Forty years is not such a long time in the life of Beaufort, which will celebrate its 300th anniversary in 2011.
But history may well show that the last 40 years have been its most important because it was 40 years ago that far-sighted people saw to it that the heart of town was designated the Beaufort Historic District by the National Register of Historic Places.
As a result, our county seat has an enhanced base for high quality tourism. It has enhanced property values.
But most importantly, it has helped give Beaufort a sense of place. It fosters the appreciation of timeless beauty. It has helped the city maintain a sense of scale and perspective. While other communities drown in a sea of "bigger and better" mediocrity, Beaufort has dared to be different -- and true to itself.
Precious few communities could ever hope to be like Beaufort. But on the other hand, Beaufort could easily have slipped into the morass of sameness that has settled over so many communities during the past 40 years.
All local communities -- including Hilton Head Island, Bluffton, Ridgeland and Hardeeville -- can learn from this success story. As each community looks to its future, they should latch onto the story of Beaufort: Know your core values, know what you have to offer and be true to that. Don't try to be something you're not. Know what is of great value, and protect it no matter the complaints and cost.
Bluffton's old town, too, has earned its place in the National Register of Historic Places. The town has its Historic Preservation Commission and a very active Historical Preservation Society. Their work in old town Bluffton will become increasingly important as new subdivisions continue to grow.
Beaufort's Historic District teaches an important lesson: Success is not easy. It takes great sacrifice. It is hard to maintain old buildings or modernize them and adapt them to new uses, while also being true to historic architectural style, size and materials. In fact, it is a process burdened -- many would say over-burdened -- with regulations and harder-to-define aesthetics, which can seem arcane, unfair and too expensive.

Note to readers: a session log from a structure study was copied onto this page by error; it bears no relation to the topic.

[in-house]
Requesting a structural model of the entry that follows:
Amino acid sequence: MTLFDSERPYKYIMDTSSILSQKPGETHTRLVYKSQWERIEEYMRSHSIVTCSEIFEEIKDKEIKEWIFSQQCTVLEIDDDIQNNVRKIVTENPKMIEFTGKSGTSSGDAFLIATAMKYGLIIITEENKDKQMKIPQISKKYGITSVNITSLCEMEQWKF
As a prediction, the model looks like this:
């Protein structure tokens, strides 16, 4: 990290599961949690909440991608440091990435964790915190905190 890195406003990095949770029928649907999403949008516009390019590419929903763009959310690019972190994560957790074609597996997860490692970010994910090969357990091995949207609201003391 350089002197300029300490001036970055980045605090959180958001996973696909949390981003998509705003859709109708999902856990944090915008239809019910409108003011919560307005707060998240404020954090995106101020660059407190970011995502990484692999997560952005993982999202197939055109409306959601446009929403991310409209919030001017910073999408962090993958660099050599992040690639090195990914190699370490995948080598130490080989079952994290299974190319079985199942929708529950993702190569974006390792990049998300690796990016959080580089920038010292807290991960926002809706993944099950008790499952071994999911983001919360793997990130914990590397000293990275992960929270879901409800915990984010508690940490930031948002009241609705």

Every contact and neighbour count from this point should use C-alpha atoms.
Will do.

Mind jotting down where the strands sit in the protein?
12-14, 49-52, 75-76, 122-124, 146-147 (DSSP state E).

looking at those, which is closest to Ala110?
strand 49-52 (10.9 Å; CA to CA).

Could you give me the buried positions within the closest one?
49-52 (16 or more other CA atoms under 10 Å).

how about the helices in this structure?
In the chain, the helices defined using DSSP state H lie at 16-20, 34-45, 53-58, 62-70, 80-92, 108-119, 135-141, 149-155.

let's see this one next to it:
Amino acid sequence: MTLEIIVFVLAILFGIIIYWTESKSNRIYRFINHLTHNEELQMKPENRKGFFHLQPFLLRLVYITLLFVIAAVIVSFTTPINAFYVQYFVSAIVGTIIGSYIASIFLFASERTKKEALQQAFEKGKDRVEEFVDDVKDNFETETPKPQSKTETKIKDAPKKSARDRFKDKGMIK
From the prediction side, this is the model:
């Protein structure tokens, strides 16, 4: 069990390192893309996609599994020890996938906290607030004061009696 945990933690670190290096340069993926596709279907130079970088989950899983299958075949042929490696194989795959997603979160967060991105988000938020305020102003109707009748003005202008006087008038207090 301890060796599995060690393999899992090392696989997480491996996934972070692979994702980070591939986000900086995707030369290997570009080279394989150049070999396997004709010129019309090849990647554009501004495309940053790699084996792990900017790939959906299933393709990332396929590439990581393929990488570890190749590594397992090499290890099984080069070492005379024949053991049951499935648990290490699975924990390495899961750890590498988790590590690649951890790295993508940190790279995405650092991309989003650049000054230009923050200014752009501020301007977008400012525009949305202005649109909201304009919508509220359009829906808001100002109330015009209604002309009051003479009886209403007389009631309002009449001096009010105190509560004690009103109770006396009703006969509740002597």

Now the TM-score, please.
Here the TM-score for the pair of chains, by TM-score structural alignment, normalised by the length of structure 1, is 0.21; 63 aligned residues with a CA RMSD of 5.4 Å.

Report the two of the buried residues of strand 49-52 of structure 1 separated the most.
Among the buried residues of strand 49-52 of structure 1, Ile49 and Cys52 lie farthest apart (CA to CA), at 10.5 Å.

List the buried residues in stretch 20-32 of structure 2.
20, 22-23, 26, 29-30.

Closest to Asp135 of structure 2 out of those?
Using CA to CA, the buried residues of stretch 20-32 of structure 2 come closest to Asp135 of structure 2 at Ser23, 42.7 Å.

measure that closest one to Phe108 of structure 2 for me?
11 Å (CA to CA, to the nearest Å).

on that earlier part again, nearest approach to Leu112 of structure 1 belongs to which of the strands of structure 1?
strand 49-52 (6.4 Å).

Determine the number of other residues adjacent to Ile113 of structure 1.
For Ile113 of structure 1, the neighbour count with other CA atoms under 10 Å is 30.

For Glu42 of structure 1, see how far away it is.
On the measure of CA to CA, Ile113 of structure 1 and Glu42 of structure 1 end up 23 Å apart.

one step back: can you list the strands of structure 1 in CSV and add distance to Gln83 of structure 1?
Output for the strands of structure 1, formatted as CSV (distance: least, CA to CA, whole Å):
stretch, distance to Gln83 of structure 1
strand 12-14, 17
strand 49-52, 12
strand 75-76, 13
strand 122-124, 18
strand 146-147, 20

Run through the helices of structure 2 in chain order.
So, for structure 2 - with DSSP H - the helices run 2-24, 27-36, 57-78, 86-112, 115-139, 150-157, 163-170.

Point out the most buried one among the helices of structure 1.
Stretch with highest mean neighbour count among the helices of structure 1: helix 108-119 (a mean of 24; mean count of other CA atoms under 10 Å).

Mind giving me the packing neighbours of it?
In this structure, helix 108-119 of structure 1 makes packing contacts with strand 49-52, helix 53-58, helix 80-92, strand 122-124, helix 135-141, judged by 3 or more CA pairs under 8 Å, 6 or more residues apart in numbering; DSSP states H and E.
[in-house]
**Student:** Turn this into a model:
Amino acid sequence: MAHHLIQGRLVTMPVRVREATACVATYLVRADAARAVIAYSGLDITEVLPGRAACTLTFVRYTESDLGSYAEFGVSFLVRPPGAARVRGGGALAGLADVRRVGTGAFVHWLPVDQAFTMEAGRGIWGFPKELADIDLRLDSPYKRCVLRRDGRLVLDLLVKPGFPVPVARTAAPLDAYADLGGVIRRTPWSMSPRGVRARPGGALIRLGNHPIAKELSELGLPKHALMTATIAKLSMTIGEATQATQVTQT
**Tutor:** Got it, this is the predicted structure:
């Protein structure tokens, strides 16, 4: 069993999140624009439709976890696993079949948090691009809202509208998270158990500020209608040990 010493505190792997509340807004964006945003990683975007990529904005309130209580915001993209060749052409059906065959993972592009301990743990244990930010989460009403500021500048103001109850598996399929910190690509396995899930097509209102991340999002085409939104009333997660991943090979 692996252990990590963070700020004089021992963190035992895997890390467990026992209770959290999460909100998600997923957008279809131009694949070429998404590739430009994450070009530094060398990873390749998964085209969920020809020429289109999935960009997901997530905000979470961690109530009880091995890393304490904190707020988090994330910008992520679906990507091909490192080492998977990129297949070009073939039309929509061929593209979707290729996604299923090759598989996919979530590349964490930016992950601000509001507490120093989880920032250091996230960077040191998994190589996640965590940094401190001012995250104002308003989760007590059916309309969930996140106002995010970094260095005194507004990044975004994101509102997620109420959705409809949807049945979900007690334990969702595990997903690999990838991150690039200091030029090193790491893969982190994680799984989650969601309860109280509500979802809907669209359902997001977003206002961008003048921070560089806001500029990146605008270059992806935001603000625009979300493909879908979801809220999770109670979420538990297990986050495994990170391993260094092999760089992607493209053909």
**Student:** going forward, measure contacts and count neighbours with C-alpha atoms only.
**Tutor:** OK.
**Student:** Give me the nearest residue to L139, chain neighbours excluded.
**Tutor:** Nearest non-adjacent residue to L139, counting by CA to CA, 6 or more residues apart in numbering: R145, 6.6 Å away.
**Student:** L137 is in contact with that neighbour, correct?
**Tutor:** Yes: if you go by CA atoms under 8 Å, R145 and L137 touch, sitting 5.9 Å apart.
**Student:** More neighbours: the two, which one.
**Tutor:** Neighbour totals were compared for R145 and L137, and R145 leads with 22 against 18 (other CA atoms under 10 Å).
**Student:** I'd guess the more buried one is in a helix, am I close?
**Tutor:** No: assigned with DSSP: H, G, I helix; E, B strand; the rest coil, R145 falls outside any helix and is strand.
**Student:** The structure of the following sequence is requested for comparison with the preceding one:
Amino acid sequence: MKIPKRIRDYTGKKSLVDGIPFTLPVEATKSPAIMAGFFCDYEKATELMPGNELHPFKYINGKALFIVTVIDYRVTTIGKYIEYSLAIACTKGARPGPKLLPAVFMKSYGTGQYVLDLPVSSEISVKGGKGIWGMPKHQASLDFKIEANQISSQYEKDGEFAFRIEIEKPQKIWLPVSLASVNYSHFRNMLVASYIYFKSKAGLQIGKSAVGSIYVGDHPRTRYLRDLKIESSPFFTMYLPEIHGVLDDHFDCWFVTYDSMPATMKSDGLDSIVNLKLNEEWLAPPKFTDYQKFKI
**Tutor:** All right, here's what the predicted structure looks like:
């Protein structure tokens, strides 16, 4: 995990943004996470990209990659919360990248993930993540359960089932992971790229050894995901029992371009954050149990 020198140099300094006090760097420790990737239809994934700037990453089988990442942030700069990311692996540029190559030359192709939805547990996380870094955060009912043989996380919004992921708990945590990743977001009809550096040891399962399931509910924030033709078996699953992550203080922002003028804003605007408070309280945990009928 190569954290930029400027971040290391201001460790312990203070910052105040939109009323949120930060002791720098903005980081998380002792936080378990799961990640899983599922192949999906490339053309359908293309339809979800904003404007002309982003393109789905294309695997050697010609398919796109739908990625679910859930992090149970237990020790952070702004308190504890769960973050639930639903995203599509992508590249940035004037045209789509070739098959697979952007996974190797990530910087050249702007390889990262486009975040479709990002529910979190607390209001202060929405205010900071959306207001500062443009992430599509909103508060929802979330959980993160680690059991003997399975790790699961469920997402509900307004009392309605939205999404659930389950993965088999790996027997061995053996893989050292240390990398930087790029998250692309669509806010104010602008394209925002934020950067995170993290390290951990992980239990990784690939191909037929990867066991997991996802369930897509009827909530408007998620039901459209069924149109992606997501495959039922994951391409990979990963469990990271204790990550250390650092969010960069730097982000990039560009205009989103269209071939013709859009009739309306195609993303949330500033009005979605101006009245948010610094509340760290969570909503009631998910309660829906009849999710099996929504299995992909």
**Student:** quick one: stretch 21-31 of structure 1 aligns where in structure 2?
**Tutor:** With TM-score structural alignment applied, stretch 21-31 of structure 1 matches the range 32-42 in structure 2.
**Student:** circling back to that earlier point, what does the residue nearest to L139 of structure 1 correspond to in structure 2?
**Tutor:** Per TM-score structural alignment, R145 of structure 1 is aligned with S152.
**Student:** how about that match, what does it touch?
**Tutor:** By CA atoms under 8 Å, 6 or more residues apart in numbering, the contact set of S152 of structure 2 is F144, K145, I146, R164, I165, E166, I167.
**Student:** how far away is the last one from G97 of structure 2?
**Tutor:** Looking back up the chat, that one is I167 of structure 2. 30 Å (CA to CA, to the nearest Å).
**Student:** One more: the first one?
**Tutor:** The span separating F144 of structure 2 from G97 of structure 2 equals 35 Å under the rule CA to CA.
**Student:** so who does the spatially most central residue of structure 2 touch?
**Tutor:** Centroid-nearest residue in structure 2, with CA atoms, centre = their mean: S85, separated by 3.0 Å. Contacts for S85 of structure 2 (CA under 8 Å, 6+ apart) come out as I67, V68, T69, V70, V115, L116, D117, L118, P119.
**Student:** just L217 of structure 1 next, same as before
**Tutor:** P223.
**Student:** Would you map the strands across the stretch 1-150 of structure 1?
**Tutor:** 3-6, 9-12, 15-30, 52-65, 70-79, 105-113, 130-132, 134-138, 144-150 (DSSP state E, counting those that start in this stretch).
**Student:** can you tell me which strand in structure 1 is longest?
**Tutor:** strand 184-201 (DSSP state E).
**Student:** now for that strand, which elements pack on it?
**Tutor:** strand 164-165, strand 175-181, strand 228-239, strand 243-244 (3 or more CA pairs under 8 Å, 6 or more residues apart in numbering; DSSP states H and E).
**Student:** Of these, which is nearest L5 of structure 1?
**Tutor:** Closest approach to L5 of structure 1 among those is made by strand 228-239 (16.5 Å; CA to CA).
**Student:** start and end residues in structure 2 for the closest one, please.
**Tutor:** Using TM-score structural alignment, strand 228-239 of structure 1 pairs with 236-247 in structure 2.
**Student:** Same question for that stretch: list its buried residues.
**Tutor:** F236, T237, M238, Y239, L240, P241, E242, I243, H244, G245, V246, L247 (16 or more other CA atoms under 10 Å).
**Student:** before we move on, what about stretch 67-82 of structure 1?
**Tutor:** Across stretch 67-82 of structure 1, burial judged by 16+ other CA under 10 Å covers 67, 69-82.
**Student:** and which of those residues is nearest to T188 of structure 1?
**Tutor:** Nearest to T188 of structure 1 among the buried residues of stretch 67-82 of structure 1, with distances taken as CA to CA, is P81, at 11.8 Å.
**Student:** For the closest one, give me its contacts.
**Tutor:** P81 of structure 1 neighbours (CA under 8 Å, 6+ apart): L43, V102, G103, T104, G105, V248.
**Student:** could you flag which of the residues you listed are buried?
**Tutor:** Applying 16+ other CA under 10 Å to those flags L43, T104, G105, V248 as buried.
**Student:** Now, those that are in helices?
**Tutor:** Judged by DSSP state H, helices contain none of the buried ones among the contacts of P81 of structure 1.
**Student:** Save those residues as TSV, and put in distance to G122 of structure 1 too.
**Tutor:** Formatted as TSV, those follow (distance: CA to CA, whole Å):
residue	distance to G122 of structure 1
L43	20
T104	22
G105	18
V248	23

On this front, the citizenry is to be commended.
Writers of "The Beaufort Preservation Manual" in 1979 said:
"Beaufort is a remarkably well-preserved community. There are comparably few intrusions to conflict with the character of the Historic District. As a building collection, Beaufort is a highly significant and unique repository of architectural style and additive detail which reflects the continuing life of the community. The vast majority of Beaufort's residents have contributed greatly to the sympathetic and successful maintenance of the city's character, be it in their houses, the community at large, or indeed, even the lifestyle of a quiet and pastoral town."
Many institutions have worked together to make the Historic District work, with the city government and the private Beaufort Historic Foundation being key players.
Over the past four decades, mistakes have been made. Significant buildings have been lost. But many have been saved, and bad ideas for new construction have been thwarted. And the preservation effort has not stood still, also gaining National Historic Landmark status in 1973.
Looking forward, the challenge is to make sure new generations know why historic preservation has worked and why it is worth the extensive effort that has been poured into it over the past 40 years. They must realize it is a good investment. Today, we can see the positive difference the Historic District designation has made, economically and socially. Future generations must keep the investment alive. It is only beginning to pay dividends.